Featuring Dorothy Robyn, Senior Policy Expert, Clinton and Obama Administrations; Stephen Van Beek, Vice President of Aviation Consulting, ICF International; and Chris Edwards, Editor, DownsizingGovernment.org, Cato Institute; moderated by Peter Russo, Director of Congressional Affairs, Cato Institute.
Of all the rights the U.S. Constitution protects, courts are probably most vigilant about protecting free speech. Freedom of expression is not only a cornerstone of democratic government, but also central to the more ordinary choices citizens make in their daily lives. Yet one class of speech has been almost entirely ignored by the courts: speech by professionals engaged in their business. In the new issue of Regulation, Cato scholar Timothy Sandefur argues that the Supreme Court should make it clear that censoring professionals is intolerable.
Published in the wake of the Supreme Court’s landmark decision in Kelo v. New London, Cornerstone of Liberty: Property Rights in 21st Century America made a powerful contribution to the firestorm of interest in protecting property rights. Now in its second edition, Cornerstone of Liberty has been fully updated by authors Timothy and Christina Sandefur, and examines how dozens of new developments in courtrooms and legislatures across the country have shifted the landscape of private property rights since 2005.
The Cato Institute has released its 2014 Annual Report, which documents a dynamic year of growth and productivity. “Libertarianism is the philosophy of freedom,” Cato’s David Boaz writes in his book, The Libertarian Mind. “It is the indispensable framework for the future.” And as the new report demonstrates, the Cato Institute, thanks largely to the generosity of our Sponsors, is leading the charge to apply this framework across the policy spectrum.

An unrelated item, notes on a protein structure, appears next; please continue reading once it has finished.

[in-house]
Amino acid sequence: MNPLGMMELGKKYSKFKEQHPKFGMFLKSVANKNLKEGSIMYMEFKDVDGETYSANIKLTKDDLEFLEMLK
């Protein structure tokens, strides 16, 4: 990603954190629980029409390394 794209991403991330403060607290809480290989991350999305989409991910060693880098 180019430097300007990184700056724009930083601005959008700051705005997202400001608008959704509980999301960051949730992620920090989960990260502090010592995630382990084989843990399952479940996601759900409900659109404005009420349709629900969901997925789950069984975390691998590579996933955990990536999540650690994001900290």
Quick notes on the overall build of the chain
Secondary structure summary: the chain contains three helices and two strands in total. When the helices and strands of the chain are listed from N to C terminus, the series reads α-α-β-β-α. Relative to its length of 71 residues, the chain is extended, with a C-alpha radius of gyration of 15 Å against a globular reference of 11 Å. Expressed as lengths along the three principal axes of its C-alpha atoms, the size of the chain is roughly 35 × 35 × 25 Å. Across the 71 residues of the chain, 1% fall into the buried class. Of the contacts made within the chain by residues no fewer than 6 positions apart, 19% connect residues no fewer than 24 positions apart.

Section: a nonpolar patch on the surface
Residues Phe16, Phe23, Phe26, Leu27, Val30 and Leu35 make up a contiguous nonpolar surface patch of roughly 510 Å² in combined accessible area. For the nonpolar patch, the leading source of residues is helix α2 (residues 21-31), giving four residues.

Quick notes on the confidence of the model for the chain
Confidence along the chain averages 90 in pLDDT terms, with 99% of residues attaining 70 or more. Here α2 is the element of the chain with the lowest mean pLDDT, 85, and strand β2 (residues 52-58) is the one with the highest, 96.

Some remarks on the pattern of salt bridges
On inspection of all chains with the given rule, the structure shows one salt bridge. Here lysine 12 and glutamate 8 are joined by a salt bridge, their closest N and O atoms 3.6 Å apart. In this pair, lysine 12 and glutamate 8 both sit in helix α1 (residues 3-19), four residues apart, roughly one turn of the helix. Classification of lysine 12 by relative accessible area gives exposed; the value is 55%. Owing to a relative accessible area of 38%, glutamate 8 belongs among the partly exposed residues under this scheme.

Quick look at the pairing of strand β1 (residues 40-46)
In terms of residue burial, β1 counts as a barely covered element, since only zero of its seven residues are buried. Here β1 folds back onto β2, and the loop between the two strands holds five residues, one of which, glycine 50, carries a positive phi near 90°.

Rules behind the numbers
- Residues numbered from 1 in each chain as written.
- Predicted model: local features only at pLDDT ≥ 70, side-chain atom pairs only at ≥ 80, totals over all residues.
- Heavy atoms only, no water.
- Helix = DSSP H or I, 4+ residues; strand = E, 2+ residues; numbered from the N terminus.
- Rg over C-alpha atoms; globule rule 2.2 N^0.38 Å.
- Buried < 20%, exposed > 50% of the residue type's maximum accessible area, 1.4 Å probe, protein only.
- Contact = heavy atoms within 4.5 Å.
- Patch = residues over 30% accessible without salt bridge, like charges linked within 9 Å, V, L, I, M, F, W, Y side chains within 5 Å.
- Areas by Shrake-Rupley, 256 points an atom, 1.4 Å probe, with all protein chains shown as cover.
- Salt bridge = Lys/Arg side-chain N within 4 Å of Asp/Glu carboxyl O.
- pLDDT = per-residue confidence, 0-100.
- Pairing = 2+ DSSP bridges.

Featuring Donald Abrams, M.D., Director of Clinical Programs, Osher Center for Integrative Medicine, University of California; Robert DuPont, M.D., President, Institute for Behavior and Health; Rob Kampia, Executive Director, Marijuana Policy Project; Moderated by Tim Lynch, Director, Project on Criminal Justice, Cato Institute
Ten years ago, on March 17, 1999, an important government study was released regarding certain patients’ use of marijuana as prescribed by their doctors. The Institute of Medicine, a branch of the National Academy of Sciences, issued what was then the most comprehensive analysis of the scientific and medical literature about marijuana. The report stated, “The accumulated data indicate a potential therapeutic value for cannabinoid drugs, particularly for symptoms such as pain relief, control of nausea and vomiting, and appetite stimulation.”Many medical experts continue to caution about harms that may result from smoking marijuana, though those harms need to be weighed against other harms that particular patients may be facing. In the political realm, the debate over the legal status of medical marijuana continues to rage. Since 1996, 12 states have legalized marijuana for medical use. What have medical scientists learned about marijuana over the past 10 years? And how have the politics on this contentious issue shifted at the federal and state level? Join us for a lively discussion of the science and politics of medical marijuana.